Original link: http://www.ideobook.com/3174/love-your-enemies/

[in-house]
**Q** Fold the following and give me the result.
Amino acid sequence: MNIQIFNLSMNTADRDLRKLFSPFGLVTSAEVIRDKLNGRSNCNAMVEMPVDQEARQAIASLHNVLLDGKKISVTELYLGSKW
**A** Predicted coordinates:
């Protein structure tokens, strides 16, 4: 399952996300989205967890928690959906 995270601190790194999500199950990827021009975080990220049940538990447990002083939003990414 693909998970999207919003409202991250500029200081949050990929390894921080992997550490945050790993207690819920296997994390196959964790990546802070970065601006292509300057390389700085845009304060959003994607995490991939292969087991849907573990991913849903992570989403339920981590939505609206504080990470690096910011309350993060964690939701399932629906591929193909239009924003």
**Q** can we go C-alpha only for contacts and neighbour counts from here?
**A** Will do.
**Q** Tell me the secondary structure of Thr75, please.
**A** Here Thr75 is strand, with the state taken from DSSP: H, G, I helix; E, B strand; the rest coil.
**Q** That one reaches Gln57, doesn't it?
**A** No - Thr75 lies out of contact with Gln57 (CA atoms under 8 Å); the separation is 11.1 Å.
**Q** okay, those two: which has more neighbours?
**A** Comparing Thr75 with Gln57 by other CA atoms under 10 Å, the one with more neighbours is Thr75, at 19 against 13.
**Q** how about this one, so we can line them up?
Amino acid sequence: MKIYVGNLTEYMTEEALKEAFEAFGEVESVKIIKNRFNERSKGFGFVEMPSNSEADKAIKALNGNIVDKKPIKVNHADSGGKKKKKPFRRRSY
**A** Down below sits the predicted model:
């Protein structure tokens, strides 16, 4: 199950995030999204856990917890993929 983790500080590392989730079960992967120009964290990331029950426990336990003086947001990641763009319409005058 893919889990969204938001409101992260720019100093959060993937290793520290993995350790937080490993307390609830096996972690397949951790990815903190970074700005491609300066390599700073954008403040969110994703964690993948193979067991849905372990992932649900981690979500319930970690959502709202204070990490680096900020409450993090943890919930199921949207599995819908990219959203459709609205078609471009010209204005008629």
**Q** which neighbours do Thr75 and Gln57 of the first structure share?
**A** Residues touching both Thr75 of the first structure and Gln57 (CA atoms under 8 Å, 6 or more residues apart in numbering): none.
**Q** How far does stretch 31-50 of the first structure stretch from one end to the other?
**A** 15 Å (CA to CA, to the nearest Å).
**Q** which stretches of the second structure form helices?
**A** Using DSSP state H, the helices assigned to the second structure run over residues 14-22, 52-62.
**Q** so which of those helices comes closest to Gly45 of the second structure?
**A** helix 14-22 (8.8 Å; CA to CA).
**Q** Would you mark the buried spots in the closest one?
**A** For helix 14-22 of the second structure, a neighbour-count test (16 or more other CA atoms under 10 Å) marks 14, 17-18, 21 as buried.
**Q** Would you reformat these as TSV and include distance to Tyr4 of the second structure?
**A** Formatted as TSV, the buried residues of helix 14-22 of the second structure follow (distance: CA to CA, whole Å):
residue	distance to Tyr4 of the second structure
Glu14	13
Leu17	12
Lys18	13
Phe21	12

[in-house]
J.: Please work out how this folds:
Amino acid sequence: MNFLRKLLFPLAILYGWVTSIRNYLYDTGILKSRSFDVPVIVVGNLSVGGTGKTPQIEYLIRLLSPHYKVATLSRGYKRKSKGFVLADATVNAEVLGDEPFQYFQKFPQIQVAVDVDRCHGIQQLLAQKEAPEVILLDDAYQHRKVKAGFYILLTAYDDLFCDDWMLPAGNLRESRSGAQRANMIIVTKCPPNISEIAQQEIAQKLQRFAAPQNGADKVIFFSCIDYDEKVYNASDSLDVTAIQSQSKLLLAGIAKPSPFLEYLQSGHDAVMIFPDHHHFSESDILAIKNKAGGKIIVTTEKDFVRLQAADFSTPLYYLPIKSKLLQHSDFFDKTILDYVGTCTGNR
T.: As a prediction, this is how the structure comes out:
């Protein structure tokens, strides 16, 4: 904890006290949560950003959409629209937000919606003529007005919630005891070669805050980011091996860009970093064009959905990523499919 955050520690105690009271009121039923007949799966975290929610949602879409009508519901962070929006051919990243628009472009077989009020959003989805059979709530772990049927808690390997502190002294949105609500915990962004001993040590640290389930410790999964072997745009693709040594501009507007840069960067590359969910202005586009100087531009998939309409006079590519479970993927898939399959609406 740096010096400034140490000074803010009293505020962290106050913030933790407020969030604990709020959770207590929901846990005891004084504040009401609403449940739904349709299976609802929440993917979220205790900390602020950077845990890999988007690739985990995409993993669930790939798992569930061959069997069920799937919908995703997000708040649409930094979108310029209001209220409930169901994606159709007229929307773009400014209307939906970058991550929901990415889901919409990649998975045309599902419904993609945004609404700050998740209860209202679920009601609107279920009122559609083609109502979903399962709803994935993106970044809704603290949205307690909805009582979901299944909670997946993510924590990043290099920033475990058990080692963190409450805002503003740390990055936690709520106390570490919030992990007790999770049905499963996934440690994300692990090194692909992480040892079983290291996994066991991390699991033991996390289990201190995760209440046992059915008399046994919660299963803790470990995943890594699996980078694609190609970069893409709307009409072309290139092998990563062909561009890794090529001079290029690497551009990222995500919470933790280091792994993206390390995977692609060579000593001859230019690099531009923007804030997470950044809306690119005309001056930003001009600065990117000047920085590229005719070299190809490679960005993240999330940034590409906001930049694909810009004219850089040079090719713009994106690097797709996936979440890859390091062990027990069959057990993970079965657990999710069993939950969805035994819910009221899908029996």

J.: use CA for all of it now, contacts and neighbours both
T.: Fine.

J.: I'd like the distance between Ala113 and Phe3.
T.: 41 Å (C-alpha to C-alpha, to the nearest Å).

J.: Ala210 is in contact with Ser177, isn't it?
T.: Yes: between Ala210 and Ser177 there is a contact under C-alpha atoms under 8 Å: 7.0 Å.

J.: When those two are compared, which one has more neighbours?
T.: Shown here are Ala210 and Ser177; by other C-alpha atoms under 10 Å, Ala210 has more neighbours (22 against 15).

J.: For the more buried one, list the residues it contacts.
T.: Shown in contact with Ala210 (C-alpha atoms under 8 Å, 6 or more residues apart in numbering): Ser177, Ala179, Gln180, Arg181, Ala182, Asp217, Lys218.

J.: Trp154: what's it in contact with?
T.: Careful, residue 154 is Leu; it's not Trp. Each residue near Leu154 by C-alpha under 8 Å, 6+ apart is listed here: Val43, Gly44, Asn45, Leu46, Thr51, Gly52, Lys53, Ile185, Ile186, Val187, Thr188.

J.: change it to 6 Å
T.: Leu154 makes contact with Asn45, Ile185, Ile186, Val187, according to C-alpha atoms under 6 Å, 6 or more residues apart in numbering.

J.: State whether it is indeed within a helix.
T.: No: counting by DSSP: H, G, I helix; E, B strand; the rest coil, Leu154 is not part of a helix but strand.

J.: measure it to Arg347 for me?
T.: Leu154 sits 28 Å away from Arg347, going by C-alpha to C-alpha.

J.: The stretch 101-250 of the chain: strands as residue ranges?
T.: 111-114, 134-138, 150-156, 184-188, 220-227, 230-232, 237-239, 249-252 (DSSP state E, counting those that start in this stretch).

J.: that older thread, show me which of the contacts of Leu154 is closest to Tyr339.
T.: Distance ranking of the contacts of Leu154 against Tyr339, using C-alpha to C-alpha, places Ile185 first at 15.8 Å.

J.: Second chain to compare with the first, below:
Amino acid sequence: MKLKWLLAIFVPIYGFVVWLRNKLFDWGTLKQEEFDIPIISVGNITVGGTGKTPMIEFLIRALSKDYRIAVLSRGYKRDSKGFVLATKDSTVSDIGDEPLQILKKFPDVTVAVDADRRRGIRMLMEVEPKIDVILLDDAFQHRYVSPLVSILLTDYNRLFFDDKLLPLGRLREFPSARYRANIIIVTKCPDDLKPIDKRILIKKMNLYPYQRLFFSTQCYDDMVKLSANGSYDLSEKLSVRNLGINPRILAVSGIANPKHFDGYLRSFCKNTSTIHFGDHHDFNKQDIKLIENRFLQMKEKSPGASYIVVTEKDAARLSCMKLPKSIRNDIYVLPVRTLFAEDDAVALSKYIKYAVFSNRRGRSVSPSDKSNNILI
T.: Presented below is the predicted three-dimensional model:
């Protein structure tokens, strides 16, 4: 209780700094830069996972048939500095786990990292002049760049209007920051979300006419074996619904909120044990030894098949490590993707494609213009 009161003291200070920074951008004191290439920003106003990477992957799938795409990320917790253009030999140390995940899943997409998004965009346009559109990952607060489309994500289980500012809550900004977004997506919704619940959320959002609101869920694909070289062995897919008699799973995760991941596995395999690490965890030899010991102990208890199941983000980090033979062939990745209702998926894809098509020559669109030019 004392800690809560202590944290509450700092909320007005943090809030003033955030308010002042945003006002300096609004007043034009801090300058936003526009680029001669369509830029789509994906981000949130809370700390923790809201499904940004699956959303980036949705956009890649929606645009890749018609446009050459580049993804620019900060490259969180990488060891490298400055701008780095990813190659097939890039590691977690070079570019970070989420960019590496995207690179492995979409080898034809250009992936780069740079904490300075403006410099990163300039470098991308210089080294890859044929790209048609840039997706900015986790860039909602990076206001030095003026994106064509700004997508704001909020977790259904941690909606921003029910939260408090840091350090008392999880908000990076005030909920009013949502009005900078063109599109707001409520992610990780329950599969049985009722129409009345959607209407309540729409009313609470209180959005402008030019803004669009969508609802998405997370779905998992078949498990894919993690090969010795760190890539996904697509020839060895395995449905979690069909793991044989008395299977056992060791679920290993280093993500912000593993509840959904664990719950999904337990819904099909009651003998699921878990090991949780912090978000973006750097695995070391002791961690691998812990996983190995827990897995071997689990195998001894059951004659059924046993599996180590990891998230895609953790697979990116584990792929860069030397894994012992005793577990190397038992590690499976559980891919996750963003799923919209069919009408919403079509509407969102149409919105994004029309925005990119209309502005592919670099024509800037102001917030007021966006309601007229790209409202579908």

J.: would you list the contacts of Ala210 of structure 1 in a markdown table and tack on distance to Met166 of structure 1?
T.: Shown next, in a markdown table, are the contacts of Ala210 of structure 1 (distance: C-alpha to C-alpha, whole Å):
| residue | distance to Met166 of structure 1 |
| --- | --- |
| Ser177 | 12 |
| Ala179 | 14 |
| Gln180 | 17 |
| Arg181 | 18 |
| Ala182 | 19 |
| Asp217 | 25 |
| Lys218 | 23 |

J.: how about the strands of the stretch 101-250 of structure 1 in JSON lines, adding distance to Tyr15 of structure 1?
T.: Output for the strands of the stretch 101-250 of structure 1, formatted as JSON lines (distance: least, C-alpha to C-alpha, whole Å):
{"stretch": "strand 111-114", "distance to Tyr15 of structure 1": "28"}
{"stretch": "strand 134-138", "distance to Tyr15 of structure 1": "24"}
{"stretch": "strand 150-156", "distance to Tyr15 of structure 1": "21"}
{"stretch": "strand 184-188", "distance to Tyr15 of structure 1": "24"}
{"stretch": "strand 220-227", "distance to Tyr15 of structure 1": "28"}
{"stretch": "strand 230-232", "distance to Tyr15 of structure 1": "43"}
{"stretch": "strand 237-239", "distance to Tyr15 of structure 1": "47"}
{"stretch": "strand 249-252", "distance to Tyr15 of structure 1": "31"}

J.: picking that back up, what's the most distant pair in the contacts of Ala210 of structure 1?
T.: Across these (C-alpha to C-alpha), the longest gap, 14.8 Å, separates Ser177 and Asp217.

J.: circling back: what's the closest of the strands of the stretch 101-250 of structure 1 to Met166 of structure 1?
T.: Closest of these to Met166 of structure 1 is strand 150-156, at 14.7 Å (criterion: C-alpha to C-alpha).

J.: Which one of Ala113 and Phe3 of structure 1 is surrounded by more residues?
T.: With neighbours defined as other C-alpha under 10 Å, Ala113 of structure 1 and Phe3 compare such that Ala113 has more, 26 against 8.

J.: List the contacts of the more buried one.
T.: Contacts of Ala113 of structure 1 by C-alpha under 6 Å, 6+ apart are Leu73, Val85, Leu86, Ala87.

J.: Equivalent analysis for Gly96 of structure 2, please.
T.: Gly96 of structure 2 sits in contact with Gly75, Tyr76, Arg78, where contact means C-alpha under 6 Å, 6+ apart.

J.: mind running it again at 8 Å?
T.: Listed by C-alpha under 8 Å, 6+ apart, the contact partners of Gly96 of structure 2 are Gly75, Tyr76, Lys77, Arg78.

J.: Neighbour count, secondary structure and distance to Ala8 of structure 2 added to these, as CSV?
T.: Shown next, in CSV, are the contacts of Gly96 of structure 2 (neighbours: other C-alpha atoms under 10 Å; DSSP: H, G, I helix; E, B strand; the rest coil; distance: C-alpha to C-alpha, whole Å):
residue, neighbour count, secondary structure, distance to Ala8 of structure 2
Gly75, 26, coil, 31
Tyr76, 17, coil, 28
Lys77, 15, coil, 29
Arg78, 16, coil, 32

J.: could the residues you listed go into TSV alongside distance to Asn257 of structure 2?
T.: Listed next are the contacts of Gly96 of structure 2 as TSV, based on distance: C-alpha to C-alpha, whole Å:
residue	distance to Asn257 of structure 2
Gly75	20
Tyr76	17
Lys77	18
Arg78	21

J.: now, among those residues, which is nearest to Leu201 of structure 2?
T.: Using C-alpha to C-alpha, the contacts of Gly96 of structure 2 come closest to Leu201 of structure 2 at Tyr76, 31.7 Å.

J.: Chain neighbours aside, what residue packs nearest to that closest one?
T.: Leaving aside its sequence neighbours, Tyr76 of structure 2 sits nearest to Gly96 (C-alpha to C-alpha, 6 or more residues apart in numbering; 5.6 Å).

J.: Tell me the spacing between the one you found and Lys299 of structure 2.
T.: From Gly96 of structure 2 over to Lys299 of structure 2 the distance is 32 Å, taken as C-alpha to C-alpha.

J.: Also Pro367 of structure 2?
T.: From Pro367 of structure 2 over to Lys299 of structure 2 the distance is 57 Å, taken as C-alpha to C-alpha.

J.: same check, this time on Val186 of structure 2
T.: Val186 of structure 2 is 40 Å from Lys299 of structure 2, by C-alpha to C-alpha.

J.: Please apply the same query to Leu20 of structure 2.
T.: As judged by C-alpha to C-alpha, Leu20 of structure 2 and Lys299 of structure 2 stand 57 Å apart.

Most of Jesus’ teachings and allegories are straightforward prose. But Luke’s writing, sometimes with poetic rhetoric, gentle style, rich vocabulary, eruditissimus (Saint Jerome), is comparable to the solemnity of “Hebrews” quotations; one says he is the author of “New Testament” The only foreign race (“Greeks”) in the country. “Love your enemy”, commentators often cite the First Gospel record, Matthew 5:38 below. The latter addresses the hostility of the scribes and Pharisees, emphasizing that believers must act “to perfection” or else “will never enter the kingdom of heaven”, Matthew 5:20, 48. And perfection, teleioi, is beyond the literal or narrow understanding of “the law of the ancestors”, pursuing the spirit/spirit of the holy law, and focusing on the prevention of sin in the heart. Therefore, the Son of Man enumerates six “antitheses”, antitheses, not to cancel the law, but to propose new solutions: from not murdering to not taking anger on brothers; from not committing adultery to not having lustful thoughts; from allowing divorce to prohibit divorce (except for infidelity, respect the patriarchal society’s requirements for succession); from abstaining from false oaths to abstaining from oaths (to avoid speaking “out of great evil”); from the ethics of vengeance (family duty), Genesis 4:23, or the law of homomorphic vengeance , lex talionis, Exodus 21:23-25, to not rebel against the wicked; from loving your neighbor and hating your enemy to loving your enemy. All this is to “fulfill the law”, Matthew 5:17 (Introduction to The Sword). Luke does not speak of fulfillment or fulfillment of the law. “Love the enemy” is followed by the “four blessings and four evils,” the outline of Jesus’ gospel of the poor, Luke 6:20-26. So who are the enemies of the congregation of Christ? The Jerusalem priest who rejected the gospel, or the Roman soldier who crucified Jesus? Or those hypocrites who “see only the sawdust in his brother’s eye and never care about the beam in his own”, 6:41? But great love, agape, once given to the enemy, man has no enemy; with the patriots, the Zealots who failed to revolt, and the zealots who revolted again, and the two “robbers” who suffered with the Son of Man, lestes, The line was always drawn. Is it necessary to love like this in order to be able to attain the long-awaited universal salvation? However, since the Son of Man is the testimony of God’s love, piety must be bound up with great love, 1 Thess. 3:12, 2 Peter 1:7. Only love can show the spirit of the Holy Law: if you encounter a lost ox or donkey from your enemy, you should take it and return it to him. When you see the donkey of someone who hates you fall under heavy load, you should step forward to help and pull the donkey, and don’t walk away and ignore it, Exodus 23:4-5. And also: do not hate the people of Red Ridge (the old enemy of Israel), who are your brothers; do not detest the Egyptians (the enslavers), whose home you were a sojourner, Deuteronomy 23:8. The first-century Jewish historian Josephus also said that the law of Moses was extremely lenient, epiieikeia, even to the mortal enemy of the people (Abion 2:209-11). Yea, the gospel of the bitter spirit, is to love the least able to repay, and to be justified and merciful, as the Father is most merciful, 6:36. There is a rabbinical proverb that speaks of this kind of love: Be like servants who wait for a reward, and those who serve God expect nothing in return (Ancestors 1:3). 27 But I tell you, listen: Love your enemies, do good to those who hate you, 28 Give blessings to those who curse you, and pray for those who insult you. 29 If someone slaps you on one side of the cheek, give him the other; if he takes your outer robe, you do not even keep your inner robe. 30 If you ask, you will give; if you take away, you will not pursue it. 31 Treat others as you would like to be treated to you. 32 What is the merit if you love only those who love you? Because even sinners love the Dharma like that. 33 What is the merit if you treat only those who treat you kindly? Even sinners do it. 34 What is the merit if you lend only to those who are expected to be repaid? Even the sinners borrow and repay the money, and the money is not short. 35 On the contrary, love your enemies, be kind to them and lend them not expecting to pay them back. In this way, you will be rewarded generously and be the children of the Most High because he is [the same] kind to those who are ungrateful. 36 Therefore be merciful, as your Father is most merciful. 37 Do not judge, lest you be judged; do not condemn, lest you be condemned. Forgive, and you will be forgiven; 38 Give, and you will be given: a bucket full of it, shake it firmly, and the tip of the heap falls in your arms. For what you measure people will also be measured by what they measure. Note 6:27 To love an enemy, agapate tous echthrous, expands the scope of the Mosaic law “Love your neighbor as yourself,” Lev 19:18. 6:28 Blessings/prayer for curses/insults: Model of Jesus on the cross, Luke 23:34, Acts 7:60, also magnifying conventional wisdom, Proverbs 25:21-22. 6:29 Give him that side (cheek) too: This sentence of the First Gospel is more specific: “If anyone criticizes your right cheek, turn your left cheek and give it to him”, Matthew 5:39. The right cheek is criticized, that is, the other party uses his right hand to slap the face with the back of his hand; this was a gesture of the master punishing slaves or insulting people in the time of Jesus. If he takes your robe: This sentence is not as powerful as Matthew: “If anyone wants to sue you and take your robe, let him take your robe”, Matthew 5:40. Take the robe, or the creditor takes it as a pledge, Exodus 22:25. The outer robe is the quilt of the poor, and it cannot be given up even more than the inner robe. 6:31 Treat others as you would like them to be treated to you/as you should treat others: the commandment “Love your neighbor as yourself” and the proverb “Do not do to others what you would not like to do to yourself” are one, commonly known as the “Golden Law”, Lev 19: 18, Beb 4:15, Matthew 7:12 note. 6:32 Merit, charis, favor, help, metonymy is the quality of behavior that earns God’s favor. It’s the same way of loving, but it’s another way: love those who love them too. 6:34 Loans and repays money, not short of a penny. Literal translation: Also lend to sinners, and repay in full. 6:35 Don’t expect repayment, one: Don’t make people/despair of people. Sons of the Most High: The Justified, the Holy (Introduction to My Heart Majesty the Lord). Grace (the ungrateful), chrestos, the salvation of sinners, Psalm 25:8. 6:36 Mercy/Most Merciful, oiktirmon, the core of divinity, based on covenant grace, Exodus 20:6, 34:6-7, and faithfulness among the people, Hos 4:1. 6:37 To judge, krinete, to distinguish, criticize, judge, especially between disciples or believers, Matthew 7:1. Condemned: Refers specifically to God’s judgment and punishment. Forgiveness, apolythesesthe, also refers to release, forgiveness (debt), Matthew 6:14. 6:38 bucket, metron, measure, measure of man, Matt 7:2. The bosom, kolpos, refers specifically to the wrapping of the robe to form a pocket-like interlayer. This article is included in the “Psalms of Psalms”, with a bibliography.